The Wikipedia article on Open Theism (don’t judge — it’s a great introductory resource!) was helpful, describing God’s knowledge as seeing possibilities, like branches on a tree, but not knowing which one will come true, so she responds in the moment to humans as humans freely act and freely make one world of the many possible worlds the actual world.
Now, I’m a bit of a determinist. I think it’s theoretically possible (though perhaps not, for humans, practically so) to be able to predict with perfect certainty what anyone will do given his state of affairs (including his past and his brain states) and the laws of nature. I’m not terribly convinced that human freedom is all that… free. I think it’s free in that our actions are a product of us, but I don’t think they’re products from totally undetermined, random forces. We can, in theory, trace causes and effects back through our brain to explain all our free choices. Because of this, probabilistic providence seems to me not a matter of what information is available, but a real deficit in God’s actual knowledge. If foreknowledge is theoretically possible (aka, if determinism is true), then God, a divine being with perfect attributes, should be able to know the truth value of all propositions about the future.
In a sense, it’s odd that probabilistic providence doesn’t sit well with me, because I appreciate uncertainty in humans, as an acknowledgement of our limited knowledge. So why can’t I appreciate uncertainty (a quality of probabilistic knowledge, yes?) as having a divine correlate? Perhaps because I think perfect foreknowledge is, or would be, available to a divine being. Perhaps it’s just part of how I am conceiving of the world and imagining what kind of God would be truly “divine” in response to this world and what “divine qualities” would look like given what we already know about the world. Funnily enough, I don’t think Thomists, Openists, or Molinist are terribly concerned with facts about the world interfering with their theology… happy to be proven wrong, though!
Finally, to complete the holy providential triumvirate, we have Molinism. Molinism says we can keep both human freedom and God’s knowledge/power as traditional theists do because the conflict is actually a conflict in appearance only. Humans are as free as the libertarians say, and God is as in control of events as traditional theists say — God works through the free actions of individuals! PROBLEM SOLVED. God has middle knowledge, the knowledge of what someone would freely do in a situation (counterfactuals, yay!!), and this, combined with the fact that God created everything (provided the physical inputs and initial arrangement and chose the laws according to which everything operates/unfolds) means that God has perfect foreknowledge of what every individual will do no matter what the circumstance.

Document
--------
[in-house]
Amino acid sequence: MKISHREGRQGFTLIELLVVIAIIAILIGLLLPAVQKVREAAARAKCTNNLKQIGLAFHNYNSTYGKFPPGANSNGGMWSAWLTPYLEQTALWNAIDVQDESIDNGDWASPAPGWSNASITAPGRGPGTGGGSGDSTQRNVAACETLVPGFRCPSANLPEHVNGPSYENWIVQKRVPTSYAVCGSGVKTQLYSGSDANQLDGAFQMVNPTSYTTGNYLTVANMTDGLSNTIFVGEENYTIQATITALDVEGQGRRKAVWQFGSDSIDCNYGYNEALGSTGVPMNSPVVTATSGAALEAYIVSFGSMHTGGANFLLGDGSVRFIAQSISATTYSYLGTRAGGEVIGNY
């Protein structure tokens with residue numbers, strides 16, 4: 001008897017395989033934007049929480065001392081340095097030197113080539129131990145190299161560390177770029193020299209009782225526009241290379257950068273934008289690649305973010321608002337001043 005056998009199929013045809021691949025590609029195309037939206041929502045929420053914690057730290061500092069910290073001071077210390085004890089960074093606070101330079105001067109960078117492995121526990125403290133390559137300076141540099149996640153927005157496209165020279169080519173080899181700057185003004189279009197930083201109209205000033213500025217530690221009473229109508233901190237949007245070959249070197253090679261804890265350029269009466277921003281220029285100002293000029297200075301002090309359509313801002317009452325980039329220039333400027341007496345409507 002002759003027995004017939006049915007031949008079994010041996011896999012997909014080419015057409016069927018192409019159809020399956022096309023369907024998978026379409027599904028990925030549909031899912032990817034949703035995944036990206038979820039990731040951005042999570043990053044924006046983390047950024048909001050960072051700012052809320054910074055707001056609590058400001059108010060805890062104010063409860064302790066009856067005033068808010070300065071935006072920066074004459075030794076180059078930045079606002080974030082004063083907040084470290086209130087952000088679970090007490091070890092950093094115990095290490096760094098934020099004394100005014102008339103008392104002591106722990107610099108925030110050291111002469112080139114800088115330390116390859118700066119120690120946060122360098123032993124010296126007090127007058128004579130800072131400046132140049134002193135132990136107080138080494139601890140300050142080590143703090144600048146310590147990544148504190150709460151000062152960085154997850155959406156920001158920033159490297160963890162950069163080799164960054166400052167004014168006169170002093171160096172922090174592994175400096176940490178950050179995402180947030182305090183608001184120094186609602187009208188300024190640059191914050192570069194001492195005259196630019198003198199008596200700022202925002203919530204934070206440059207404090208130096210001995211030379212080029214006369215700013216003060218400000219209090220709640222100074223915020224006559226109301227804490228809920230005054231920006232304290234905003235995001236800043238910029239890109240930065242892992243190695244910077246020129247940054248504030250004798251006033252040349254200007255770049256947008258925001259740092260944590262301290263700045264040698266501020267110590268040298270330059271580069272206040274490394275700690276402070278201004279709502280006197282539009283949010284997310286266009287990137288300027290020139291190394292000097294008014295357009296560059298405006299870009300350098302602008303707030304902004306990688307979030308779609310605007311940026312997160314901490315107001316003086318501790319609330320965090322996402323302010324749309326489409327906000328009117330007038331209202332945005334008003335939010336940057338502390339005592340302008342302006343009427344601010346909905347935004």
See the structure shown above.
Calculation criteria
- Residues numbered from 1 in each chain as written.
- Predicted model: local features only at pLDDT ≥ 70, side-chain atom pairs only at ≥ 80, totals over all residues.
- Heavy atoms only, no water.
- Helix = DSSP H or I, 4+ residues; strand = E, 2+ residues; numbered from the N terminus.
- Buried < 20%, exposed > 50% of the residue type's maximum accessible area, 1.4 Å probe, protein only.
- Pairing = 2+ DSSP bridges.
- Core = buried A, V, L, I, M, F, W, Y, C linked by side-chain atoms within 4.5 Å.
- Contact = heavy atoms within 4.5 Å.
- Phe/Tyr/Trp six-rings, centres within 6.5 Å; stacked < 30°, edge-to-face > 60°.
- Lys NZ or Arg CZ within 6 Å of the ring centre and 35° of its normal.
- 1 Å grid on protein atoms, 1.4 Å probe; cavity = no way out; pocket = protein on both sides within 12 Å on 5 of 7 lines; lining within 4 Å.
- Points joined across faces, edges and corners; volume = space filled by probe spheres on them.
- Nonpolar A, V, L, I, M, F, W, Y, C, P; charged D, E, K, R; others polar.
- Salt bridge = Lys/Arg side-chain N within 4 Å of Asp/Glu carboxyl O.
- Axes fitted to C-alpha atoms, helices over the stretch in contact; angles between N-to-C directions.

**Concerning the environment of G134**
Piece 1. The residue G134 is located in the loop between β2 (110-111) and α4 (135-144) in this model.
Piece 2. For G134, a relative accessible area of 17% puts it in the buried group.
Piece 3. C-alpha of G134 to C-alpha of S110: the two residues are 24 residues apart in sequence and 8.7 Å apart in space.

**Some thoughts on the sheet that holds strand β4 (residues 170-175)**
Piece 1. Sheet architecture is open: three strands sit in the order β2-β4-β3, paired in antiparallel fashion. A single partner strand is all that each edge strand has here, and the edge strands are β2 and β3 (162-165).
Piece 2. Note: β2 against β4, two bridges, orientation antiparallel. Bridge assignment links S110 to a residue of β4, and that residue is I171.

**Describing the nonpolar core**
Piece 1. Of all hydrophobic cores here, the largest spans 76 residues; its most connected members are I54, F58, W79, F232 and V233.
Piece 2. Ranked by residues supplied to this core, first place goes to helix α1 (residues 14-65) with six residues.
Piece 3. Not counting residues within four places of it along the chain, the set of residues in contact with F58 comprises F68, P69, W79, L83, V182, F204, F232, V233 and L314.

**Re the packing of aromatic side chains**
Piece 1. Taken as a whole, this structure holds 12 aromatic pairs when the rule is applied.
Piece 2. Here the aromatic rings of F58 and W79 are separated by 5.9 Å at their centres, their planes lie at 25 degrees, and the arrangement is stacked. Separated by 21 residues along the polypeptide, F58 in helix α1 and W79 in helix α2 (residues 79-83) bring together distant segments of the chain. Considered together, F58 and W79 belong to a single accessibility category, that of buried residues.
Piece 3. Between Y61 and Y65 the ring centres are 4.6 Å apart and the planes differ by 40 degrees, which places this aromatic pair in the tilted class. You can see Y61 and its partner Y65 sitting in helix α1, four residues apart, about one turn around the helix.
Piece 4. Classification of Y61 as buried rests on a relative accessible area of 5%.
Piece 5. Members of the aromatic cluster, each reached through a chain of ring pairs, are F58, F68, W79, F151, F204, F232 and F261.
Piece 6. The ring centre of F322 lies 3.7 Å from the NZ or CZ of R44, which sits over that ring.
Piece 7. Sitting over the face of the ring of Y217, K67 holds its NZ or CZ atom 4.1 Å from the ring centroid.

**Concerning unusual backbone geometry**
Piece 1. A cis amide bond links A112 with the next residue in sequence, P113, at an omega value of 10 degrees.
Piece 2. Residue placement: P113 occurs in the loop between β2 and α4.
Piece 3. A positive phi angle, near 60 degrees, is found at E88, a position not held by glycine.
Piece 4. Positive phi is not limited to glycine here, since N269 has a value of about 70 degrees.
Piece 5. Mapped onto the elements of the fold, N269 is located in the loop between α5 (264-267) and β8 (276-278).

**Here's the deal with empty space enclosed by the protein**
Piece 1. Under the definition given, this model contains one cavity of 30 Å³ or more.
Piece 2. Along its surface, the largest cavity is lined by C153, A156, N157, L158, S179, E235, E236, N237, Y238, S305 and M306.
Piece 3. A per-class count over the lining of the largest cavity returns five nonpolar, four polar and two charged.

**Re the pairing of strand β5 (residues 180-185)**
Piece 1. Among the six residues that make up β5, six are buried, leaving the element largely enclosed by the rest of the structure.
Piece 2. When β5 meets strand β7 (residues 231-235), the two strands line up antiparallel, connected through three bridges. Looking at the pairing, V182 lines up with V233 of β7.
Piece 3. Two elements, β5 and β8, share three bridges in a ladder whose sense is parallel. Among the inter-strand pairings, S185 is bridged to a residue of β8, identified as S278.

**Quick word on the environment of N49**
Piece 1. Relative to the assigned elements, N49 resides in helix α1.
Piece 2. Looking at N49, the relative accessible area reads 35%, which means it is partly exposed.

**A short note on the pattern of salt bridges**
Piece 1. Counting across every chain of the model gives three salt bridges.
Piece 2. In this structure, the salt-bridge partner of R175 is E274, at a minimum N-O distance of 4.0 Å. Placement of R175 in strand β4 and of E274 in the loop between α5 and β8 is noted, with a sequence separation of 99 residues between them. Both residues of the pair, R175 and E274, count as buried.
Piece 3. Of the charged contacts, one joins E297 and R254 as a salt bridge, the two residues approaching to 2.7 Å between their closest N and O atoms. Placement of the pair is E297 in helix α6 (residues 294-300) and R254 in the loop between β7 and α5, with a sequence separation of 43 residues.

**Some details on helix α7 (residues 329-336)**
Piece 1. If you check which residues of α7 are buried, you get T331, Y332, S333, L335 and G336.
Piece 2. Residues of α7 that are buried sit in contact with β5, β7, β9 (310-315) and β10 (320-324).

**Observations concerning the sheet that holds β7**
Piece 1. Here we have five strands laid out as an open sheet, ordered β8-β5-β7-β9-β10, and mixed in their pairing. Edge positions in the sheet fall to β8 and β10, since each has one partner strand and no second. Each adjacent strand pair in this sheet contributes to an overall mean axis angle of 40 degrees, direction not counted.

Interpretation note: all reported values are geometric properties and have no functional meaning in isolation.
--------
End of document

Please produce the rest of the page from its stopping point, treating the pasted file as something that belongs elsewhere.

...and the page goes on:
Flint goes into great detail here about what constitutes grounding of truths, and it’s so worth a read. What makes a proposition about the world true? How are propositions grounded — what are their truth-makers? I won’t go into any more of the discussion here, because I have rambled on long enough (and I think there are better sources that address this question), and I’ve decided that my biggest takeaway is the necessity of addressing the nature of human freedom (more on this below). All that to say, I think it’s a very worthwhile question for Christians, and especially relevant and interesting considering questions of divine providence.
In general, I think after writing all this out, what I really find lacking in all this is a deeper explanation or exploration of human freedom. What does it mean to be free? Not just how does freedom coexist (or not) with God’s providence, but what is the nature of freedom itself? That would go a long way, for me, towards trying to analyze which of the three divine providence theories is most internally consistent and most likely to be true (assuming all the other bits about God that we have assumed up to this point). I am sure arguments about the nature and operation of human freedom exist in academic treatments of Thomism, Open Theism, and Molinism, and most likely Flint just didn’t have space for them. But it seems a really important question, one we cannot elide if we take human freedom so seriously and argue about how it agrees or doesn’t with an aspect of the divine.
My favorite quote:
… the God of Open Theism is a genuine risk-taker.Flint 271
Post photo from pinnaclewealth.com.